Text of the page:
New Organizing Project blogger
@Joyce: Man, Midwesterners got whack ideas about New Yorkers…
@Friend: And vice versa.
@Joyce: I guess, but I don’t think New Yorkers really think about the Midwest…
The above is a short twitter exchange I had with a New Yorker friend of mine. To be honest, it really annoyed me. I feel like this snippet of a conversation is very indicative of the perceptions people have of the Midwest. Many people I’ve spoken to who hail from either coast seem to have this notion that people from the Midwest aren’t as ‘hip,’ are perpetually behind in pop culture trends, that there isn’t anything to do here, that there aren’t any crowds of note but a bunch of ultra-conservative, super-Christian white people… you get the point. The preconceived notion that really ticks me off is that there is no semblance of any kind of Asian American community/resources in the Midwest so why would anyone, specifically Asian Americans, willingly go or stay there?
But the fact is, we’re here and we’ve been here for quite some time. An Asian American movement
does exist here: think of the various student-driven pushes for Asian American/Ethnic Studies at Northwestern University, University of Michigan at Ann Arbor, University of Illinois at Chicago (and at Urbana-Champaign), the creation of the Midwest Asian American Student Union, the influx of multiple pan-Asian and ethnic specific non-profit organizations like the Asian American Institute and the Korean American Resource and Cultural Center (both in Chicago) just to name a couple, and so on and so forth.
Now, our Asian American movement is probably not developed to the extent that it is on the West coast per se, but for some reason I feel like people seem to gloss over it or don’t acknowledge it and that’s not only annoying, it’s not right.
The Midwest, like any other region, has its own set of histories and experiences related to it’s cultural environment. St. Paul, Minnesota has one of the largest Hmong populations in the U.S. It is also the relocation site of thousands of Japanese Americans after internment. And does anyone remember the murder of Vincent Chin? His tragic murder was one of the most politicizing events in Asian American history, and it happened in Detroit, Michigan.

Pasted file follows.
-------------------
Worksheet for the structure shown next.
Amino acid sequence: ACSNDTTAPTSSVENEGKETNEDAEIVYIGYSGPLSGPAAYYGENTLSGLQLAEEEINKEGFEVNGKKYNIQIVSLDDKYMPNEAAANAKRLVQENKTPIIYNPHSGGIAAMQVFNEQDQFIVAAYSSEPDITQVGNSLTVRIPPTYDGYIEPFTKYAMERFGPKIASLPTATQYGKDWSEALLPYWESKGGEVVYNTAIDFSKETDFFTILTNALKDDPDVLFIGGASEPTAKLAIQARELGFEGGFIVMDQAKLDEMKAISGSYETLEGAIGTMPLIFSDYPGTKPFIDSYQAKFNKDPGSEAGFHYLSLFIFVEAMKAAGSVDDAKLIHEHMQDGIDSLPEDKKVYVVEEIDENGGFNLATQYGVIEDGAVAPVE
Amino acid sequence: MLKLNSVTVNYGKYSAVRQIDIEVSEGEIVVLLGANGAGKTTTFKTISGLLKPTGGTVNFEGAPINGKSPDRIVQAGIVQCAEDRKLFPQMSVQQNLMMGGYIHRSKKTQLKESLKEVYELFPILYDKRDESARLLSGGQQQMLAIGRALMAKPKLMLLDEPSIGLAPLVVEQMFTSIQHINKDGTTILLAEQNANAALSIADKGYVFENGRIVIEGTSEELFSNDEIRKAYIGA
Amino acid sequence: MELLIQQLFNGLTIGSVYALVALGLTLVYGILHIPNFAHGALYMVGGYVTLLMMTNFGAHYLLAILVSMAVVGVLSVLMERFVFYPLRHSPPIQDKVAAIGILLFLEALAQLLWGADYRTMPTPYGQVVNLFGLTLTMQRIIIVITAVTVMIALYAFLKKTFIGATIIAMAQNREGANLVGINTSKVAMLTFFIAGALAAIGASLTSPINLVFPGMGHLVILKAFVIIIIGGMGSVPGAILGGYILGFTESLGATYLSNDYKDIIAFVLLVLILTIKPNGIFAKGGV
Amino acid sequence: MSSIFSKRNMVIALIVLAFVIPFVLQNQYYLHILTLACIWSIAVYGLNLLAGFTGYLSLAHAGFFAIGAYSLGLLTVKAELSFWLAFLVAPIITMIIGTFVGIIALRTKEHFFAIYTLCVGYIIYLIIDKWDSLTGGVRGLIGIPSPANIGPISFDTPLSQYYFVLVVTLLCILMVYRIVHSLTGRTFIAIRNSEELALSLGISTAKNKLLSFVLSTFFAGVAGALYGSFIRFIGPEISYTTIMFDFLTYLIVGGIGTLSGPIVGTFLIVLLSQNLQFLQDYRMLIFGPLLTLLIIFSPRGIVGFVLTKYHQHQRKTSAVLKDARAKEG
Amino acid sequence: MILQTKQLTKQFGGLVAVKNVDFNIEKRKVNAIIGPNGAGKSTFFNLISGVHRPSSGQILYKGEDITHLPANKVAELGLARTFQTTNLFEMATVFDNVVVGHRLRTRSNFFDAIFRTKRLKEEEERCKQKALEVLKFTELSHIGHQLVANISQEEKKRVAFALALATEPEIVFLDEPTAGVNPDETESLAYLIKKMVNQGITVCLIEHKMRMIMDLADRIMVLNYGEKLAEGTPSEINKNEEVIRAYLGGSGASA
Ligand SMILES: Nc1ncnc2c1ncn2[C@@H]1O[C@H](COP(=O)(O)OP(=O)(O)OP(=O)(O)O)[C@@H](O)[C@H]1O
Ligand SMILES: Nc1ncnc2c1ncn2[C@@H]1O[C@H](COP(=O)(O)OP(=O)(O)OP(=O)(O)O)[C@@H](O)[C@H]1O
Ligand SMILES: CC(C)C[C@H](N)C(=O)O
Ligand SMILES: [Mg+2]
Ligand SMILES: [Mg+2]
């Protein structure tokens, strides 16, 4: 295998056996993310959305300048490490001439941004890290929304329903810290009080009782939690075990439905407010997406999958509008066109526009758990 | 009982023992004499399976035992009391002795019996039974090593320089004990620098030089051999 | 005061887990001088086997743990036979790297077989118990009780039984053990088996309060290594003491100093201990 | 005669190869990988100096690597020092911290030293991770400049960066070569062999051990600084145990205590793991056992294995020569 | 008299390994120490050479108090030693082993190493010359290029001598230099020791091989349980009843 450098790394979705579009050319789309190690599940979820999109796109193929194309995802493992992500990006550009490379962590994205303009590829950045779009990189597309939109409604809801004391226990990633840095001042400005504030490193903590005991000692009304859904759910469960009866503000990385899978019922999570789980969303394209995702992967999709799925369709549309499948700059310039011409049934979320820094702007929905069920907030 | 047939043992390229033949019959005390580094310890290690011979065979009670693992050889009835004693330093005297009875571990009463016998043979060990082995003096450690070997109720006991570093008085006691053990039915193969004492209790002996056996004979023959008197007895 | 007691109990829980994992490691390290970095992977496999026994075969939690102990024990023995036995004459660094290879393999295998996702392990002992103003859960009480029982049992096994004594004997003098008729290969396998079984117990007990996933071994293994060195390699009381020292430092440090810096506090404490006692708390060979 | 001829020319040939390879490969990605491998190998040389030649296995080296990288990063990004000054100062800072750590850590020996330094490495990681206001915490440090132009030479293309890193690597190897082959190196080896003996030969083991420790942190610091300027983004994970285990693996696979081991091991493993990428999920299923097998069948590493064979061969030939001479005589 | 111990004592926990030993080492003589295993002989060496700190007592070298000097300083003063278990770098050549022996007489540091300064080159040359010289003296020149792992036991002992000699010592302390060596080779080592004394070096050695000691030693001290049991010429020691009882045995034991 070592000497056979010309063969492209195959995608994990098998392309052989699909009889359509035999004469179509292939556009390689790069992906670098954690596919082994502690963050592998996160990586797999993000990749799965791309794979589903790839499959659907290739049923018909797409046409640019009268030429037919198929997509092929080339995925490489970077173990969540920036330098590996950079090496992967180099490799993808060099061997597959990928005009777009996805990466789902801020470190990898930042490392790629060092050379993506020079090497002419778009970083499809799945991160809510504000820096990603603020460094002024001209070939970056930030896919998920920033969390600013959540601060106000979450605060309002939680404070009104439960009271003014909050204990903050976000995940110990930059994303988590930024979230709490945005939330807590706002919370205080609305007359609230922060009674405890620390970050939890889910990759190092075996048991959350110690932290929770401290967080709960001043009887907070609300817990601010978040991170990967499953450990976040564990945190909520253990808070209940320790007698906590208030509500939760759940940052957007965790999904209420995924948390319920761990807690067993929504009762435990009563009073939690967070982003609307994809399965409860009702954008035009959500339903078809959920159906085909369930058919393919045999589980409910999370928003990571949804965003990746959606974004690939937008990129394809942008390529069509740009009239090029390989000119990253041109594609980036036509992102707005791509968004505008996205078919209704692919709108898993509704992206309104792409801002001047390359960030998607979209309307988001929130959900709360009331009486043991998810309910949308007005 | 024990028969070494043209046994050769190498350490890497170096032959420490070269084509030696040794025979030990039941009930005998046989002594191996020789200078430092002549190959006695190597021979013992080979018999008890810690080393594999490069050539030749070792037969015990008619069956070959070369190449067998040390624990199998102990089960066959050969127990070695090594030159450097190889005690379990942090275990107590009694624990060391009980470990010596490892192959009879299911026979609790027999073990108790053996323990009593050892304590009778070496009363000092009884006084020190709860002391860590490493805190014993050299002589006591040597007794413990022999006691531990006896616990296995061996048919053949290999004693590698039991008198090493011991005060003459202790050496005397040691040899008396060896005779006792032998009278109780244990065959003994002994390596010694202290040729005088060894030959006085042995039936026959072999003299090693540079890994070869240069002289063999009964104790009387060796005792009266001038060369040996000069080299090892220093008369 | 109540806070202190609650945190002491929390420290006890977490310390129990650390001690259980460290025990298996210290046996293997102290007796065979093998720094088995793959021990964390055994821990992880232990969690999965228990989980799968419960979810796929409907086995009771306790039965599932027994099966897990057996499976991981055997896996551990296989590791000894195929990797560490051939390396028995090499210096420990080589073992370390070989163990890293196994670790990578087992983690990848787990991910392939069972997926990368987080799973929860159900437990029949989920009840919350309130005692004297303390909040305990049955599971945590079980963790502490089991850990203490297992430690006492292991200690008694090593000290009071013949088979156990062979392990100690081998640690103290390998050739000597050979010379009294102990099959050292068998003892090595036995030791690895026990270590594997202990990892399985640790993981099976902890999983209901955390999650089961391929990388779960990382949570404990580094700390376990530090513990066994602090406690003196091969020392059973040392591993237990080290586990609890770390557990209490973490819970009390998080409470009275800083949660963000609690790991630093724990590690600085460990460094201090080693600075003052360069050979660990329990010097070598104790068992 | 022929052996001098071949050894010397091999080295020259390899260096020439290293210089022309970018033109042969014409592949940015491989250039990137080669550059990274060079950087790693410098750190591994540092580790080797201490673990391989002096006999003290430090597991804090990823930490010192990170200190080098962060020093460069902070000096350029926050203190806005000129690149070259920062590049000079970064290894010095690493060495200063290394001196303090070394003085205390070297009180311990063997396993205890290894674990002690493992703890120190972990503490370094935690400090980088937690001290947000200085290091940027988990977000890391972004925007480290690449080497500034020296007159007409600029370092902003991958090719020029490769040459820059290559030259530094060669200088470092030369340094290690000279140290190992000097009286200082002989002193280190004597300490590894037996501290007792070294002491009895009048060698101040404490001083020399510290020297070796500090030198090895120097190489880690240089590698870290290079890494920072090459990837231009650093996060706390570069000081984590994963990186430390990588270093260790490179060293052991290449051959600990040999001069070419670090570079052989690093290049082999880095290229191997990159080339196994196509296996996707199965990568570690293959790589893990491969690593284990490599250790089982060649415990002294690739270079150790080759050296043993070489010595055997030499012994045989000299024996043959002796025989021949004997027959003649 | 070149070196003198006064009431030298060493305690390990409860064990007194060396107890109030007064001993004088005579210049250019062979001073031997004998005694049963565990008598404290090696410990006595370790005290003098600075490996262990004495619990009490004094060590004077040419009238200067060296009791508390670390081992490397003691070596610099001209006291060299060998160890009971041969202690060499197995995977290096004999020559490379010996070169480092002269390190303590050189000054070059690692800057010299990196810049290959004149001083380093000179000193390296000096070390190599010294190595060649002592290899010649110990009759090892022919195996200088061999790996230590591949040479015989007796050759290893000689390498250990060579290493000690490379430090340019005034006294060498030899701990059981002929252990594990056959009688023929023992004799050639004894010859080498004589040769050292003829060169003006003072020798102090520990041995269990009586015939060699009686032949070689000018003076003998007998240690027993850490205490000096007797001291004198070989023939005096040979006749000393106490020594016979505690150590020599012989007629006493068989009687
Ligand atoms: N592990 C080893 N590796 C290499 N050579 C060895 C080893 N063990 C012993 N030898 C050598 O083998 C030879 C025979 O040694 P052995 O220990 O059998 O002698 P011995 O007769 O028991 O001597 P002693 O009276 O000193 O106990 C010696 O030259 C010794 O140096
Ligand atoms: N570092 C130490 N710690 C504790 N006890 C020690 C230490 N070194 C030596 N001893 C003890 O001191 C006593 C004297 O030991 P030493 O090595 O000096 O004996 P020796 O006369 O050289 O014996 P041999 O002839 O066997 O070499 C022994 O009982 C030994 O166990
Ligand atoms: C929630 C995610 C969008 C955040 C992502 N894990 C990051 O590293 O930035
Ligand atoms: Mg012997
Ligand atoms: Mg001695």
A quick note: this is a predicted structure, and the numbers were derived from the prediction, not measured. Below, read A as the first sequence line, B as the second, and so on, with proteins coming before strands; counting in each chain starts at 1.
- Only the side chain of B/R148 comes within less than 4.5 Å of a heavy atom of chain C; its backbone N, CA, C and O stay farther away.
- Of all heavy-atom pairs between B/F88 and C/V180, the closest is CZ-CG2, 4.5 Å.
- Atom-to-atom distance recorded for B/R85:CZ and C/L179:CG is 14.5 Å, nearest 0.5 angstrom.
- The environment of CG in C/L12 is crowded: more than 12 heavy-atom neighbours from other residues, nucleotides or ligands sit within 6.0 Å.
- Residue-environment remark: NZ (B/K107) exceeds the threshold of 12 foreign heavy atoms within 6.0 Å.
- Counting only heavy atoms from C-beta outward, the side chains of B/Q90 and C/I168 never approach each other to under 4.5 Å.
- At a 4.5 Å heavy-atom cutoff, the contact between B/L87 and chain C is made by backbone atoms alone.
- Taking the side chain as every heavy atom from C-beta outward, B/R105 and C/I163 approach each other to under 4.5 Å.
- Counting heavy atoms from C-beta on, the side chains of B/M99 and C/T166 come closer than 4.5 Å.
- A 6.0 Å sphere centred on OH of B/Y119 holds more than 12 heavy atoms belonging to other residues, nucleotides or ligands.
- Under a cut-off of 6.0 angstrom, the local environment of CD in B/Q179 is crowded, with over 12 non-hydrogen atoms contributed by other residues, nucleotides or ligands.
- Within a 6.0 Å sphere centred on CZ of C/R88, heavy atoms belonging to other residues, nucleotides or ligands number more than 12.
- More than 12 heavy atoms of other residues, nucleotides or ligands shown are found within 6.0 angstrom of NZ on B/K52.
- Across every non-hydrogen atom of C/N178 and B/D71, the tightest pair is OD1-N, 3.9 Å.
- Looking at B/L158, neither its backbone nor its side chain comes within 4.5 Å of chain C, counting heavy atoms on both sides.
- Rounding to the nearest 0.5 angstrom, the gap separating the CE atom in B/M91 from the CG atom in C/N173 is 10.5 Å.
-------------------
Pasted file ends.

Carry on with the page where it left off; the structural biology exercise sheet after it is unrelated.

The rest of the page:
Now, I’ll admit, I only have a fairly limited scope of understanding about the Midwest. I was born and raised in the western suburbs of Chicago, went to college in Chicago and have stayed here ever since. So all I’ve really experienced of the Midwest, with the exception of a few Midwestern conferences here and there, is Chicago. And I believe there is a certain kind of privilege that comes with living in the city; many more Asian American resources are in the city, higher density of ethnic enclaves, etc. But growing up in the suburbs, I remember the feelings of isolation, restriction and frustration that came with living in an area where I was oftentimes one of the few Asian faces in my classes or among my friends.
Due to settlement patterns in the Midwest, Asian Americans are much more spread out and the notion of Asian Americans sometimes being the only Asian American or person of color in a town is often true. This definitely makes it more difficult to do more collaborative organizing work or to even connect with other Asian American communities from around the region. But I think this difficulty and the fact that I was born and raised here is what makes me want to stay to continue my activism and professional career.
To me, the Midwest has this Catch-22 syndrome: Asian Americans leave because they feel like there aren’t enough resources here to support what they want to do, i.e., entertainment, ethnic studies and even the sense of community itself. And maybe that’s true to a degree in comparison to the coastal regions. But no one really stays long enough to build capacity. I know now that I want to stay and be a part of this growing movement because if I don’t, who will?
To be honest, I’d never intended to stay in the Midwest. As soon as it was time to apply for college, I was ready to leave and find some semblance of ‘community’ on either of the coasts. But things didn’t exactly go according to plan and I ended up staying in Chicago. And in hindsight, I’m grateful for the knowledge I’ve gained and the people I’ve met here. It’s weird because whenever I go to San Francisco to visit my family that recently moved out there, I feel so disconnected. I would have figured that I would have felt right at home because there is such a history of Asian American activism there and that there would have been a ton of like-minded people but instead, I felt really…awkward. I’ve come to the realization that I relate much more easily to Midwestern Asian Americans which is no big surprise — shared experiences bond people together.
Chicago and the Midwest in general is where I want to be right now. I want to help address the unique regional issues within this dispersed and disconnected community. And to prove the (mis)perceptions about the Midwest wrong.